"We will not rule out any options, including so-called counterstrike capabilities, and will realistically consider what is necessary to protect the lives and livelihoods of our people," he said.

Austin noted the bigger roles that Japan and other allies are playing in US Pacific policies. One of these partners is India, which along with Japan and Australia is a member of the informal Quad alliance.

“We believe that India’s growing military capability and technological prowess can be a stabilising force in the region." Austin said.

In a key move in the Pacific Islands, where China has been making a push to make new security and economic agreements with small island states, Austin said Washington was making "unprecedented" US Coast Guard investments.

This includes for the first time permanently stationing a Coast Guard cutter in the region for the first time.

Zhang, said the US strategy in the Indo-Pacific is to "maintain its hegemony."

"The United States is trying to form a small circle in the Asia-Pacific region by roping in some countries to incite against some other countries," Zhang said.

He accused the US of trying to "push the Indo-Pacific region into the trap of geopolitical games and camp confrontation."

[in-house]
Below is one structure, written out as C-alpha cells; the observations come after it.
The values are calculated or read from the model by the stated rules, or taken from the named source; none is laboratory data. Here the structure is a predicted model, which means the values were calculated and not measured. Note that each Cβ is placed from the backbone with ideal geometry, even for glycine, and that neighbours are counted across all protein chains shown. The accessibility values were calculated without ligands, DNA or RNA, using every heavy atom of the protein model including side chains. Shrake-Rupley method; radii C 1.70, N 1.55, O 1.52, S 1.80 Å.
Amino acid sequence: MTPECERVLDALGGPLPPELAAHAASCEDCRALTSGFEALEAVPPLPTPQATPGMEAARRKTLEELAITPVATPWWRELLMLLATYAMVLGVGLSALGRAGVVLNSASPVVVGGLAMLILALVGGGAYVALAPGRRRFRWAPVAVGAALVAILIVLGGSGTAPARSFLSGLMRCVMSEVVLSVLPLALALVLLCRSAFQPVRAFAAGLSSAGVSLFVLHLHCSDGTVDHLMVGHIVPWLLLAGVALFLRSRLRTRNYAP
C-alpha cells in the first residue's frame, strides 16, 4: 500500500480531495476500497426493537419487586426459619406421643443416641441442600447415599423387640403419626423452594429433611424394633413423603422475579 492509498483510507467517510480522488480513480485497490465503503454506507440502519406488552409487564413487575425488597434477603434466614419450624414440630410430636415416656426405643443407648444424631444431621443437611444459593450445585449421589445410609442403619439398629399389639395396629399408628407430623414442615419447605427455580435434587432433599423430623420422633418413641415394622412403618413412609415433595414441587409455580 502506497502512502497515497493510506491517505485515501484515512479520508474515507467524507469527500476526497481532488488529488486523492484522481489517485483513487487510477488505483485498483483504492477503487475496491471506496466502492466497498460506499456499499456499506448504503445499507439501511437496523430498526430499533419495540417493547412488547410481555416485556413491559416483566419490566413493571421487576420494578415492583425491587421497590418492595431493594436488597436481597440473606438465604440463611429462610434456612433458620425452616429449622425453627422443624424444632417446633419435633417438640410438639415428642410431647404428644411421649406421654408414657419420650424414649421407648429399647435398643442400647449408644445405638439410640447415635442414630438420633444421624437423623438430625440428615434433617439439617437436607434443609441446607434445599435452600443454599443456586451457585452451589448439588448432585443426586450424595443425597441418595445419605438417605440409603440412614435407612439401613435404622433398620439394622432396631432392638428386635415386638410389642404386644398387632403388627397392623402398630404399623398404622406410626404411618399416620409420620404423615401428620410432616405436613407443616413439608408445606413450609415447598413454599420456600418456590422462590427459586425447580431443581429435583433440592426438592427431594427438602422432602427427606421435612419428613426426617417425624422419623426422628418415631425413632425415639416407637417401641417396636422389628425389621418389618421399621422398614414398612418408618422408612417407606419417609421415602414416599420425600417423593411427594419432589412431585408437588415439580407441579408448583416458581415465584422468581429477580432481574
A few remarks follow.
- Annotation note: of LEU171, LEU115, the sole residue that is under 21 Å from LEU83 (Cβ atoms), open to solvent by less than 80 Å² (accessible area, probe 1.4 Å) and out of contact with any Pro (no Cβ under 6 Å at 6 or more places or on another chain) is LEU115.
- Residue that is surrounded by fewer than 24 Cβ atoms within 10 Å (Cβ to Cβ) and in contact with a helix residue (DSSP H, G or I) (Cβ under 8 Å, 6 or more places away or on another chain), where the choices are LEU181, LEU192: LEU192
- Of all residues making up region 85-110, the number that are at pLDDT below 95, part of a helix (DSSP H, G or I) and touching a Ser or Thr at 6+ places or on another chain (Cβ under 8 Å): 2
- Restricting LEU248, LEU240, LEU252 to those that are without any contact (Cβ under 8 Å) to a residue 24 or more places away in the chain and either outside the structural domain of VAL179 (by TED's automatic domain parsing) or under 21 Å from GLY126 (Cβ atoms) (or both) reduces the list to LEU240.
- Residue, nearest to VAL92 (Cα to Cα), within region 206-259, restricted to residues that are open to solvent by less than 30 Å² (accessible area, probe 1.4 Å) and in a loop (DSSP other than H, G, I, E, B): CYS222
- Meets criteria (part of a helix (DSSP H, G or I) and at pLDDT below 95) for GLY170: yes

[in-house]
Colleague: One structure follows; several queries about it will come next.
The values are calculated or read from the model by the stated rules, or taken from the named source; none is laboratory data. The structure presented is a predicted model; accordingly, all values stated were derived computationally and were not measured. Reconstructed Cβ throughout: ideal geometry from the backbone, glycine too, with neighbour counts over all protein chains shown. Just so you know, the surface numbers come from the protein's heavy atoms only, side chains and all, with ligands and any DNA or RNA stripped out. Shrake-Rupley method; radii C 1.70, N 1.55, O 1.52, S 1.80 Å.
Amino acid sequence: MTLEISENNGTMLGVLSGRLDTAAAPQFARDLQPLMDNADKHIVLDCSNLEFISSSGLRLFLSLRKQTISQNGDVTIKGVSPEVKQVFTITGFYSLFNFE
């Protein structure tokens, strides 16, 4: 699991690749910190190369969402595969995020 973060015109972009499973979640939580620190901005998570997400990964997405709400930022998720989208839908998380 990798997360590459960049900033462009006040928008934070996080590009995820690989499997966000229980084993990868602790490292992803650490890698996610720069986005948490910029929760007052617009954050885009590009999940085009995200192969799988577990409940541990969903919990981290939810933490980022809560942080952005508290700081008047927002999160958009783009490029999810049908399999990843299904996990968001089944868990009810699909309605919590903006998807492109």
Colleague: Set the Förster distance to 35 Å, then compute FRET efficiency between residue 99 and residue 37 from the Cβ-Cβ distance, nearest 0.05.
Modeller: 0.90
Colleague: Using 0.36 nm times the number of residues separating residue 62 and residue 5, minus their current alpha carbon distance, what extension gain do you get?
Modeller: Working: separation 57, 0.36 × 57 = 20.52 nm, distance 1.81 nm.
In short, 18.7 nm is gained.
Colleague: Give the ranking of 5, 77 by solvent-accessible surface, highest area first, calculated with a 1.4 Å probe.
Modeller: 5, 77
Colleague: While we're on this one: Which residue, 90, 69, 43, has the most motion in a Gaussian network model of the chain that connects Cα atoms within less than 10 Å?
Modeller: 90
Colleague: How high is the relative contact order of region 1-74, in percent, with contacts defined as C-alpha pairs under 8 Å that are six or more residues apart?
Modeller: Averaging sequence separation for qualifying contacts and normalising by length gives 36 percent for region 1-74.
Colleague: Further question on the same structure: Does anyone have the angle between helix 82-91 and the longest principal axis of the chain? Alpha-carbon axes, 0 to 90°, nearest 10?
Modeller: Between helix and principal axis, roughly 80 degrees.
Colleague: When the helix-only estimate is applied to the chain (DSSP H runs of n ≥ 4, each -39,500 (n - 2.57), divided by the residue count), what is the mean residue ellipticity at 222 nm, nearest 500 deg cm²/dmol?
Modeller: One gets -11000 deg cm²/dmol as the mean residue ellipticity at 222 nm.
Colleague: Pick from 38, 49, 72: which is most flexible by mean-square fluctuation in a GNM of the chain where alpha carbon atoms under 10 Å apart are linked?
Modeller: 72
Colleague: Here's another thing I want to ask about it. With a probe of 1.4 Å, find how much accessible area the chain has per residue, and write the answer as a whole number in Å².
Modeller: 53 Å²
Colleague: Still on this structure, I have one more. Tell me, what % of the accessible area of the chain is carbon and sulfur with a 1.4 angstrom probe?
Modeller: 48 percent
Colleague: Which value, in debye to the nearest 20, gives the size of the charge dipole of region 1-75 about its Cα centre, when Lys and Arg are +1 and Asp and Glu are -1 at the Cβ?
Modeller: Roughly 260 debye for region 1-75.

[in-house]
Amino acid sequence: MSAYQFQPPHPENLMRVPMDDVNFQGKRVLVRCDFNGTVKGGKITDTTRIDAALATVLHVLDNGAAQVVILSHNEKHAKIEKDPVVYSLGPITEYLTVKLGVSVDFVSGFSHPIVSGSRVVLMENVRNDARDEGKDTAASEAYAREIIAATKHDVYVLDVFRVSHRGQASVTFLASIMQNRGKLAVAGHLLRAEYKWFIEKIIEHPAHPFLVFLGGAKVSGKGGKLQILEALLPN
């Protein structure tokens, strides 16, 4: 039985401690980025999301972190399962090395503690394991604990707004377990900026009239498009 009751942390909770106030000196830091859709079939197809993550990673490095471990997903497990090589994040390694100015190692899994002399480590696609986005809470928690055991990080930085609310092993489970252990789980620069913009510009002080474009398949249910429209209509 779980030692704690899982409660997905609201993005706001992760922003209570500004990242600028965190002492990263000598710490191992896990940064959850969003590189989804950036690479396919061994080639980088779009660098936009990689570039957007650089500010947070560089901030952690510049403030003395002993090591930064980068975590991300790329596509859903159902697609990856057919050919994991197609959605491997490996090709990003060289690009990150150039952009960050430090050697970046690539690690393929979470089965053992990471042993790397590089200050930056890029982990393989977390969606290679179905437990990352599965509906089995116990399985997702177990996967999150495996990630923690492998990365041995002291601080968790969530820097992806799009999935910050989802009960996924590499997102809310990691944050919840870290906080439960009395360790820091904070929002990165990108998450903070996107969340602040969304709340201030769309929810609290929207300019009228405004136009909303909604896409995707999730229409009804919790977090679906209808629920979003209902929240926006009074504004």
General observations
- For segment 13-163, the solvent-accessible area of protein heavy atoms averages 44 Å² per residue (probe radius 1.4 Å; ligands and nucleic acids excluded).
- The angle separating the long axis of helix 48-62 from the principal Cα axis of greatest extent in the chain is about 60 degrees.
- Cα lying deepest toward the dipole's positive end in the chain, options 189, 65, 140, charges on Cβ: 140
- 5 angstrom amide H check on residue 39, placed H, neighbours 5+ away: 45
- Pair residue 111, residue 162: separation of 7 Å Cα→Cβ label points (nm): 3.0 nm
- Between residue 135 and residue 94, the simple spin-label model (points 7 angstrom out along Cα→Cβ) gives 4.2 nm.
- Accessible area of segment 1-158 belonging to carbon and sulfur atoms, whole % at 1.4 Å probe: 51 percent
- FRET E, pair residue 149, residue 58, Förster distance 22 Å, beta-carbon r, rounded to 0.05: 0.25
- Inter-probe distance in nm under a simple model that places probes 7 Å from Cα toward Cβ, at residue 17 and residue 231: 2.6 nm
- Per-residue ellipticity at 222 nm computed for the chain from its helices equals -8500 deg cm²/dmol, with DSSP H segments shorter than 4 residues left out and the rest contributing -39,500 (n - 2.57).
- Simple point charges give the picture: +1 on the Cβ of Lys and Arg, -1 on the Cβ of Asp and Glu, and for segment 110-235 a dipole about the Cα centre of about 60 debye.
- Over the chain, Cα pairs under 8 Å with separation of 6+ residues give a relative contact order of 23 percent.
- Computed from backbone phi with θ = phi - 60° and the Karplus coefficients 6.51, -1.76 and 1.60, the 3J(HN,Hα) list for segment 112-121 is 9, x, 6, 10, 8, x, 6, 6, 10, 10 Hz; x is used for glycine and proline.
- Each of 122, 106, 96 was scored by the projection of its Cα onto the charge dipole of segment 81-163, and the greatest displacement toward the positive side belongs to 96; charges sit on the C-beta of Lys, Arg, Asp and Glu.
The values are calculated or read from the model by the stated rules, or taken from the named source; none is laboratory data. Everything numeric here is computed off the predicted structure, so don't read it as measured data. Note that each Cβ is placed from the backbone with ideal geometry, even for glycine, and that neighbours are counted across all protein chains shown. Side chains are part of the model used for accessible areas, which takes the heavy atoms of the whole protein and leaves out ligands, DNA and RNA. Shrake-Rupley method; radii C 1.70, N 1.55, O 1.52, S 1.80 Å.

Austin said the Biden administration is prepared to step up to be a leader and a guarantor of the free and open Indo-Pacific.

"Big powers carry big responsibilities," he said. "And so we'll do our part to manage these tensions responsibly, to prevent conflict, and to pursue peace and prosperity."


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Corney Korokan Alone

'Unprecedented' US Coast Guard investments (?) in the South Pacific Islands....

Citizens of the South Pacific Islands countries don't need that projection of hegemonic power:

The South Pacific Islands countries must seriously consider terminating any and all Coastguard related agreements and arrangements with the hypocritical terroristic state of the USA that are in place right now.

Harry Topham

Might be time for Japan to muscle up and enter the fracas as by doing so may take the heat out of the debate.

Considering past histories, a tooled up Japan might be something China would definitely not want to contemplate.

Paul Oates

Let's look at this situation in reality. With so much pawing the ground and sabre rattling it's hard to understand what issues are and what will eventually happen.

The situation is as old as humankind, which has always come into conflict over ambition, power, greed and ego.

The underlying issue however is far more serious. The world is running out of resources to feed and water an ever increasing population that is out of control.

The reason for the problem getting out of control? Previous controls over excess population are not keeping pace with the numbers of live births.

It is after all, far easier to produce a child and the wonder how to feed it than it is to grow and produce the food required to feed the child.

No one in power has the intestinal fortitude however to bring themselves to confront the real issue because it will have as much appeal as a smelly fish left forgotten in the back of the bus.

How does the plea from the bus company go? 'Would the person who left their dead fish in the back of the bus last Friday please come and collect the bus on Monday'.